Other temperate species (for example, the yellow hornet, V. simillima, or the Oriental hornet, V. orientalis) have similar cycles. In the case of tropical species (for example, V. tropica), life histories may well differ; and in species with both tropical and temperate distributions (such as the Asian giant hornet, Vespa mandarinia), it is conceivable that the cycle depends on latitude.
The workers accomplish a variety of tasks during the colony's lifetime. These include:
- Foraging. Workers feed mainly on carbohydrate-rich fluids, such as tree sap. They also hunt other insects, primarily flies but also other species including smaller wasps and bees; they have been known to attack dragonflies. After subduing the prey, the hornet may discard all nutrient-poor parts such as the wings, legs, head, and/or abdomen. This leaves only the thorax with the protein-rich flight muscles, which constitutes the main food of the larvae. On hot days, workers will bring water to the nest and deposit it on the envelope, thus cooling the interior.
- Expanding and rearranging the nest. This includes building new combs and new cells.
- Feeding the larvae. On returning back to the nest, masticated prey flesh is fed to the larvae, which have higher protein needs (for growth) than the workers, since they no longer grow. The larvae, in turn, produce a nutrient fluid, rich in amino acids, which is consumed by the adults, especially the queen.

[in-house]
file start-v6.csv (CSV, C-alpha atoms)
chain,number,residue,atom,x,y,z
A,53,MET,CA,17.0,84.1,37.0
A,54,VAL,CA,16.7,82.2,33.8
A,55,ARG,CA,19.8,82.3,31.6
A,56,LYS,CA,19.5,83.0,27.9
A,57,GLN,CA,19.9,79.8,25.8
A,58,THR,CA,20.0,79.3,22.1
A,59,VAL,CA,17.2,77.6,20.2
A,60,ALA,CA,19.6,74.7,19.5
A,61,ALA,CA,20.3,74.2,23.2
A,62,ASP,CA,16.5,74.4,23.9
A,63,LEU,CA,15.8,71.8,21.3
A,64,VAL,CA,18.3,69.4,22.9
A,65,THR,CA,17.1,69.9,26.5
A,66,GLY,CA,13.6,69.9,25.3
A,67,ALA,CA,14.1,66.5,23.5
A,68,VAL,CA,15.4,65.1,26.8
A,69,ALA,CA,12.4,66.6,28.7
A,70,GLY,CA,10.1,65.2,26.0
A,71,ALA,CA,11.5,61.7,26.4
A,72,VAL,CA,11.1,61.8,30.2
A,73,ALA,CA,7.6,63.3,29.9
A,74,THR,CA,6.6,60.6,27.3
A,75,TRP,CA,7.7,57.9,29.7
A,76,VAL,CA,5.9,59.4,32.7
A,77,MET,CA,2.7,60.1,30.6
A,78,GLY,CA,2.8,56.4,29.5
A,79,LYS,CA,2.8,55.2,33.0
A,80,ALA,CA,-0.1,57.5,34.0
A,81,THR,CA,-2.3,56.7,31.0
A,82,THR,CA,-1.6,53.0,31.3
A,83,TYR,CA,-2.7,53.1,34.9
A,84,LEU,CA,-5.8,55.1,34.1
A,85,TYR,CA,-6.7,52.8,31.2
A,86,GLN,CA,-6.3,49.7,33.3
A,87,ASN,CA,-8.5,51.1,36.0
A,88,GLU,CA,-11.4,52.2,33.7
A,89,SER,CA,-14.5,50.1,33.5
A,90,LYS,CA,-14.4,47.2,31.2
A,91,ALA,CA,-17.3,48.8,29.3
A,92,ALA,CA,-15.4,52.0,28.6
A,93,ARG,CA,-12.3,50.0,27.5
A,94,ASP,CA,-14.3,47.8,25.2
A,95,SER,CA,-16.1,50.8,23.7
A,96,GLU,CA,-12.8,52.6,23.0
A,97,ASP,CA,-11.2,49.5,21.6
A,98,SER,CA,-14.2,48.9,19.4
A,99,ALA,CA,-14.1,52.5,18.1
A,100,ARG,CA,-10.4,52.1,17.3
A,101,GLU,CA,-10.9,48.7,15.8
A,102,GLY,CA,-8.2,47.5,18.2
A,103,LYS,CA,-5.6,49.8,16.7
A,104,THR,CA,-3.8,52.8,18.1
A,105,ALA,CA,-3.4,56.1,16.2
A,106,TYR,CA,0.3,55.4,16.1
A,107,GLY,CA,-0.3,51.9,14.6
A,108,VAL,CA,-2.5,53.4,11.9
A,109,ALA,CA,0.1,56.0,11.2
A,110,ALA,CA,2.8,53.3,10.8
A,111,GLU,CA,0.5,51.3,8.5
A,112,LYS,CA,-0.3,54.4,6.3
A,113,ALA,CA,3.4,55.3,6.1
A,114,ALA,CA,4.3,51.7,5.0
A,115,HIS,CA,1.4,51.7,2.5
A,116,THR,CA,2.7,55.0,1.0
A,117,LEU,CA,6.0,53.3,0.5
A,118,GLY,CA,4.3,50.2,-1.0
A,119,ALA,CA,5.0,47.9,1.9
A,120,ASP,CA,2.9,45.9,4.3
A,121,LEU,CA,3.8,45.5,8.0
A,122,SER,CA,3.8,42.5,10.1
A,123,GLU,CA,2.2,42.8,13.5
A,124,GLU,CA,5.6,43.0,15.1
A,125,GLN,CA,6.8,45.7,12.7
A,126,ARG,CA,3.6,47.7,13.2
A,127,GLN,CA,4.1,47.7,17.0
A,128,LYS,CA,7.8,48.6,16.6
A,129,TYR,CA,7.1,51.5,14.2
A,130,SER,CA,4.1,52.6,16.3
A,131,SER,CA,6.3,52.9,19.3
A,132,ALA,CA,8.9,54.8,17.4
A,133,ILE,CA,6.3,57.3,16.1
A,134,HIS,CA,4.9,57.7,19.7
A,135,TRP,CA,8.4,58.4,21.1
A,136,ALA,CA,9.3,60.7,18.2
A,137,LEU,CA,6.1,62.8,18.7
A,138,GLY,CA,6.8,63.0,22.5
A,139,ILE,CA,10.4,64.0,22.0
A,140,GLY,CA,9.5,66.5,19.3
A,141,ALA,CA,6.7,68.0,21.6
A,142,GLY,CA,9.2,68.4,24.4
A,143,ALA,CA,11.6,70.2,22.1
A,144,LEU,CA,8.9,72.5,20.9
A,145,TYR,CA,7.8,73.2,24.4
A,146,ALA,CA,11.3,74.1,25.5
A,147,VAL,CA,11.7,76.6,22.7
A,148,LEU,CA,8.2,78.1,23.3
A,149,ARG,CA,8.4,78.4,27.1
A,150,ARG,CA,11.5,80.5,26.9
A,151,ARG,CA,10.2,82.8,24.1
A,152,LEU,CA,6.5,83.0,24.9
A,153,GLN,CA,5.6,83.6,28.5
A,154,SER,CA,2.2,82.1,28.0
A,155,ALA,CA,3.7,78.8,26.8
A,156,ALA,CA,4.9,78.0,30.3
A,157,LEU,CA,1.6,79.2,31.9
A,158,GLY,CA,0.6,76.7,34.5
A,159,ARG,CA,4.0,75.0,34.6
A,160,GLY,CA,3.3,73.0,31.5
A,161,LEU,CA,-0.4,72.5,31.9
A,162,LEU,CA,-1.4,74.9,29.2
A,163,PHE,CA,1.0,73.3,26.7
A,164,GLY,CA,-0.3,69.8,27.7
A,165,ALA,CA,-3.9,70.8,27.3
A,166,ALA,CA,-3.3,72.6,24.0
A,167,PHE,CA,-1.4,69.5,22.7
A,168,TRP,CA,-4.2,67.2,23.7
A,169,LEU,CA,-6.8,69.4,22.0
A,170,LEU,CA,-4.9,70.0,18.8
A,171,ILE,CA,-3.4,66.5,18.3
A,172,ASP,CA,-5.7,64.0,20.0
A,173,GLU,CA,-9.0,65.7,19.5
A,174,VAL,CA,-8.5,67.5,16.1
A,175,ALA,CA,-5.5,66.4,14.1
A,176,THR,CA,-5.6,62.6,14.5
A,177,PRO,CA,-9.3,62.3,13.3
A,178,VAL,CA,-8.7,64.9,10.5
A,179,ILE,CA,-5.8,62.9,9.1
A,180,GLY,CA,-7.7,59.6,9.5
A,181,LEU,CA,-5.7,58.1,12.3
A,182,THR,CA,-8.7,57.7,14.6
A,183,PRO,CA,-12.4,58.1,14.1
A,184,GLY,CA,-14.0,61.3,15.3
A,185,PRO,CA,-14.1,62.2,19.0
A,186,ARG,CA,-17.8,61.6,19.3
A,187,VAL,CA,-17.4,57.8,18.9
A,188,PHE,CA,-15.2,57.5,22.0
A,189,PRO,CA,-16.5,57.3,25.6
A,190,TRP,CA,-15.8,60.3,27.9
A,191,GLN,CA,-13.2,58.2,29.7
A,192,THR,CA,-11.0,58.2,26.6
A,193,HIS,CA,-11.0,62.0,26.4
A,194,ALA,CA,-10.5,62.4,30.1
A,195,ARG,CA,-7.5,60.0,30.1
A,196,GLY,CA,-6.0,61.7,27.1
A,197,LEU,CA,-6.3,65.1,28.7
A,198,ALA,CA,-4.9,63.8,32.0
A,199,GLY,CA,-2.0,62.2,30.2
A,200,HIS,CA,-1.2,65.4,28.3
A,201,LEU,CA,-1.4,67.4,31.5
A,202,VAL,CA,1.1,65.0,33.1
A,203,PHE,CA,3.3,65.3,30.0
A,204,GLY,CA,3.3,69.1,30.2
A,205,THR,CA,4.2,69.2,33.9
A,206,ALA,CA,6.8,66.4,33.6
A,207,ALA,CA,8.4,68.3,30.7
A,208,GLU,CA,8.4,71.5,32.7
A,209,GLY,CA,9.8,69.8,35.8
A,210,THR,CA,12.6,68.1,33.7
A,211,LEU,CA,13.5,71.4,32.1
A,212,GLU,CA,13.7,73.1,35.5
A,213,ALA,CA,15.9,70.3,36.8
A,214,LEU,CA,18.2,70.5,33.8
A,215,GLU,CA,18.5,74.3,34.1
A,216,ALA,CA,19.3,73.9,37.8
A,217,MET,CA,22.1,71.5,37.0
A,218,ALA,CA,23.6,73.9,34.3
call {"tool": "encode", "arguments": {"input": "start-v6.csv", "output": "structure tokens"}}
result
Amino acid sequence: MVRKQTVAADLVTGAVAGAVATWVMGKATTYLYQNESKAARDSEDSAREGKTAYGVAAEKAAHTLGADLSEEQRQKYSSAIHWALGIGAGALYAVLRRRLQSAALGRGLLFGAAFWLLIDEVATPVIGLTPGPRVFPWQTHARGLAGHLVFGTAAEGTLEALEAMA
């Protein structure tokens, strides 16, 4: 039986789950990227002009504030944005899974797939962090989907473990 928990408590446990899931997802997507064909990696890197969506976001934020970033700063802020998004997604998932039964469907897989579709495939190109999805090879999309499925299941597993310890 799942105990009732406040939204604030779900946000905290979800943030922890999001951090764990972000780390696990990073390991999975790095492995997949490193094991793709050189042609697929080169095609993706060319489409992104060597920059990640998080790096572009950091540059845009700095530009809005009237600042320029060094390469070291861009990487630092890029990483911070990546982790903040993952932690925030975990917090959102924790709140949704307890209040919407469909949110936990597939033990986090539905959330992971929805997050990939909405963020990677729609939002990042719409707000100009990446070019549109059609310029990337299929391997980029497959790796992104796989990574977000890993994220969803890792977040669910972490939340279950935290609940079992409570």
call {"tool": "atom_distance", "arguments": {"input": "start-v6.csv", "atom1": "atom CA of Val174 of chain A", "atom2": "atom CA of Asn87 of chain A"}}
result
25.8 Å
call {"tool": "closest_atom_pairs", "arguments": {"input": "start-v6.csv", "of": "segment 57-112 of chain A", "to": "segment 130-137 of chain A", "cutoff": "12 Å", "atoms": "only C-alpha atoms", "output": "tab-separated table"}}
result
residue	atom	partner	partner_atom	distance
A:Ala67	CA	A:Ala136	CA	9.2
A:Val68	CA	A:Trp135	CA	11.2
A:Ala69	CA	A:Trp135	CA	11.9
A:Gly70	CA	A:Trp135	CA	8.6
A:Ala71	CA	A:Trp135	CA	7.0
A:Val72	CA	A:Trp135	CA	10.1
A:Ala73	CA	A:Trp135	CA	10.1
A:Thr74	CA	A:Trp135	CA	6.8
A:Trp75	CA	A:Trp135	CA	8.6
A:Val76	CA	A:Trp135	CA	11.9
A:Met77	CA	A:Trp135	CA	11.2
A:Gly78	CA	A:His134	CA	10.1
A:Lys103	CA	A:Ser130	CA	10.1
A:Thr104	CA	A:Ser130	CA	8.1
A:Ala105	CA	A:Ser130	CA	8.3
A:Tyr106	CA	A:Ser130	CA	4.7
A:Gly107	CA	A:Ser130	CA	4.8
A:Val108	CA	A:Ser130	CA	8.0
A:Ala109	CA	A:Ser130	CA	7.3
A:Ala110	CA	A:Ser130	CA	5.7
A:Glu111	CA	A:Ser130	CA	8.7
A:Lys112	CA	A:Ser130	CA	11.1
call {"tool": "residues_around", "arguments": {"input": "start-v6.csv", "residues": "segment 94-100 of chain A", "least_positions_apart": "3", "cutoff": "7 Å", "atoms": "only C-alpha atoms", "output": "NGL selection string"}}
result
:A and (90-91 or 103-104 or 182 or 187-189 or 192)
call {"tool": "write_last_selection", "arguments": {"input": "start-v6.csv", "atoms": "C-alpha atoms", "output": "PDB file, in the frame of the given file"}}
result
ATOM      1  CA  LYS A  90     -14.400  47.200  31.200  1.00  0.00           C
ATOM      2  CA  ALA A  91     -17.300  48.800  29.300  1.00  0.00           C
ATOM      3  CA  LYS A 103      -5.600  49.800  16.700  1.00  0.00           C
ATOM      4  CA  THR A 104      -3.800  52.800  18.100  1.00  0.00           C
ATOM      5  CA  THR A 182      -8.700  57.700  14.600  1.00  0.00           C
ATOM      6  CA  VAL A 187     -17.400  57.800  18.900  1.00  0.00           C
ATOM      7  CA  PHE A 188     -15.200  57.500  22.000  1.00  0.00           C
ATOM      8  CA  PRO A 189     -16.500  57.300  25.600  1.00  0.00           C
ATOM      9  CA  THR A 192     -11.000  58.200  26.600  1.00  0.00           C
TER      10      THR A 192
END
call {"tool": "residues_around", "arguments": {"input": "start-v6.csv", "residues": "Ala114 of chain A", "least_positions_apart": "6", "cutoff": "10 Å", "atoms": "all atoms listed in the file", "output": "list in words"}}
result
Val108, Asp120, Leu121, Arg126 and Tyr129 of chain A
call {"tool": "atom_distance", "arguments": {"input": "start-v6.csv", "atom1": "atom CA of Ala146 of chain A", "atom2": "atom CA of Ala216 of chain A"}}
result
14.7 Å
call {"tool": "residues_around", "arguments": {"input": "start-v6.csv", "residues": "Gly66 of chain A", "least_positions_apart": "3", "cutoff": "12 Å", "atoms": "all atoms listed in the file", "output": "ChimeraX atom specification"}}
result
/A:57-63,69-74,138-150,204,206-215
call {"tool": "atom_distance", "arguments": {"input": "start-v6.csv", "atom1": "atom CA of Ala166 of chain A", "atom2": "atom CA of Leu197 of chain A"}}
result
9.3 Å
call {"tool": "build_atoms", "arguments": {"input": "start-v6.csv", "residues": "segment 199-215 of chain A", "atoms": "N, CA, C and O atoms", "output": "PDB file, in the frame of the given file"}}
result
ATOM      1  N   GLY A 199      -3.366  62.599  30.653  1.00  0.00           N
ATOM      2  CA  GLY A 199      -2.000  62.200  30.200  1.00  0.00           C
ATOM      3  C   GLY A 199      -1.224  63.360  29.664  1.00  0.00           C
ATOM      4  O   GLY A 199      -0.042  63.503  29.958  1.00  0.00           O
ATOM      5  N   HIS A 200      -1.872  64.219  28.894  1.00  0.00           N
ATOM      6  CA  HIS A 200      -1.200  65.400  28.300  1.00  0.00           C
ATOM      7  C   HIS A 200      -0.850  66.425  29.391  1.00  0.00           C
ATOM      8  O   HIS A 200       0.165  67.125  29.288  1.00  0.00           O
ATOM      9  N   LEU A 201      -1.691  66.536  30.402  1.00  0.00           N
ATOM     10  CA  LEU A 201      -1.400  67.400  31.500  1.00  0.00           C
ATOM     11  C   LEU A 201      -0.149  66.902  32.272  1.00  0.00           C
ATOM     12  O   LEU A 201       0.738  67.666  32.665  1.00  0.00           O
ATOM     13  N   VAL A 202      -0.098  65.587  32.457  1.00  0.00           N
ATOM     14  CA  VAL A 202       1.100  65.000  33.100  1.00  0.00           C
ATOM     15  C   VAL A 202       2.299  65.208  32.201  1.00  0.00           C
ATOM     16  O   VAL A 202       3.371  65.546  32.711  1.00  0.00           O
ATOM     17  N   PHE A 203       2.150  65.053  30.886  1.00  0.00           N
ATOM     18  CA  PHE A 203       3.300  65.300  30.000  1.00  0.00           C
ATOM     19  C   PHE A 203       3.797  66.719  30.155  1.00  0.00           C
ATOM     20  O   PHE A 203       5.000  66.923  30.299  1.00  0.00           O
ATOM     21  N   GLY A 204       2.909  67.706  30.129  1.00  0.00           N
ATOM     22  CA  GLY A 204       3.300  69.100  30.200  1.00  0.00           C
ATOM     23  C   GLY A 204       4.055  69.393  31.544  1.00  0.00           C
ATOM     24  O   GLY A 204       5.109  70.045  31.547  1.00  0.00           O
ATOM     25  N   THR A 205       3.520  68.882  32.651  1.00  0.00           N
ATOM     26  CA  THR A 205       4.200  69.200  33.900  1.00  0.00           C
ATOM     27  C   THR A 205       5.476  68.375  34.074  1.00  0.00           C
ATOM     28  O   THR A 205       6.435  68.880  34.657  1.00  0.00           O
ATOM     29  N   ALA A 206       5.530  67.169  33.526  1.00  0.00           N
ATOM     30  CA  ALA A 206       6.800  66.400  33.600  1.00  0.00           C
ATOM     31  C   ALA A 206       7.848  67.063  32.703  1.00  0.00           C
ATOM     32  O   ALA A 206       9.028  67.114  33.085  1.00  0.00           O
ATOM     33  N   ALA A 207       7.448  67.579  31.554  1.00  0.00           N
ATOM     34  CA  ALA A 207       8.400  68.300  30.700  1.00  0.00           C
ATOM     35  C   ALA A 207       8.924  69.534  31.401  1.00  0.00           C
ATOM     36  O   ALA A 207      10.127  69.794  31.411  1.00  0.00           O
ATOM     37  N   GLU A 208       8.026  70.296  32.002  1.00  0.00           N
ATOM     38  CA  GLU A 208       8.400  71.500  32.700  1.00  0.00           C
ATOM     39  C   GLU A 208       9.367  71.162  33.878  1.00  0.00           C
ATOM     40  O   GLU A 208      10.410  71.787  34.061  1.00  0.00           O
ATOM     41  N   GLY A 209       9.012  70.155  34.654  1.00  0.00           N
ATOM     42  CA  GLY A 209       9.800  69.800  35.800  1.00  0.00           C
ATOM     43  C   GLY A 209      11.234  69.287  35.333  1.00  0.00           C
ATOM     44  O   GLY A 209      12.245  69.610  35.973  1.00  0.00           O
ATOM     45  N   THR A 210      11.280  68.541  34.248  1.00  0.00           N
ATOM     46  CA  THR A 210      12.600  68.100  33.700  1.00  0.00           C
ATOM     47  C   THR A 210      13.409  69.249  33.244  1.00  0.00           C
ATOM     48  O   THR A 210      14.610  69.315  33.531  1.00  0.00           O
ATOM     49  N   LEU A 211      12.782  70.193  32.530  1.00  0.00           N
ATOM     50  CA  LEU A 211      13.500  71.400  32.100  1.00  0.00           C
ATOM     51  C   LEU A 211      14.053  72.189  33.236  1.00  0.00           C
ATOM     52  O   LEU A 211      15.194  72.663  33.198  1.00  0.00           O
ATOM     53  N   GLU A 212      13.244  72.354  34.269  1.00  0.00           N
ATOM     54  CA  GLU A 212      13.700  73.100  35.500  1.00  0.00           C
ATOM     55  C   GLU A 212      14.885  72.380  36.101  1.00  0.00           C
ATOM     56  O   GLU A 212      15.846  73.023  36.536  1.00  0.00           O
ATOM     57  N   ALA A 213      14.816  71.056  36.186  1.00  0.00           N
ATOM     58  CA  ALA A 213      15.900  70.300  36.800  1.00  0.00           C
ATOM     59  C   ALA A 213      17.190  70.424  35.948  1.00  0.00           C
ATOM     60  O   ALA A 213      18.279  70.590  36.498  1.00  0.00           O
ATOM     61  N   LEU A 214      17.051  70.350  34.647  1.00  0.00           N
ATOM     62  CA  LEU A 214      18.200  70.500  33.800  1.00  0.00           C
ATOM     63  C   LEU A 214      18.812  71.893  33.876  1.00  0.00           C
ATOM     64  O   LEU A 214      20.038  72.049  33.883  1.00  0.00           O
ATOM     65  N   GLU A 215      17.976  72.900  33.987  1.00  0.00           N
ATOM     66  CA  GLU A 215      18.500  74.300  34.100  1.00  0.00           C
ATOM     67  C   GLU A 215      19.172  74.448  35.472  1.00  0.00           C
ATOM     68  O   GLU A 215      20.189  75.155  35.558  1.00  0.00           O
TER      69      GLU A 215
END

A hornet's sting is painful to humans, but the sting toxicity varies greatly by hornet species. Some deliver just a typical insect sting, while others are among the most venomous known insects (Schmidt et al. 1986). Allergic reactions, fatal in severe cases, can occur—an individual suffering from anaphylactic shock may die unless treated immediately via epinephrine (adrenaline) injection using a device such as an EpiPen, with prompt followup treatment in a hospital.
- European hornet sting
- In itself is not fatal except sometimes to allergic victims (Schmidt et al. 1986)
- Multiple stings (several hundred) may be fatal due to the amount of venom (similar to wasps and bees)
- Is less toxic than a bee sting
- Non-European hornet sting
- In itself is not fatal except sometimes to allergic victims (Schmidt et al. 1986)
- Multiple stings (a nest full) can be fatal due to highly toxic species-specific additions in the venom (Barss 1989)
- Is more toxic than a typical wasp's or bee's sting
- From the Asian giant hornet (Vespa mandarinia japonica) is the most venomous known (per sting) (Schmidt et al. 1986)
- All hornet stings
- Are an allergen for people with an allergy to wasp venom
- Those allergic to wasp venom are not necessarily allergic to bee venom as they contain different chemicals
- Contain less volume of venom than a bee sting
- Are primarily for killing insect prey
- Are more painful than a typical wasp's due to a large amount (5 percent) of acetylcholine (Bhoola et al. 1961)
As in all stinging wasps, hornets can sting multiple times. They do not die after stinging a human, as is typical for a worker honeybee, as the hornet sting is not barbed. (The honeybee's barbed stinger is used for defending the nest against vertebrates/mammals and will pull free, along with the associated venom sac, from the honeybee's body.) Hornets also can bite and sting at the same time.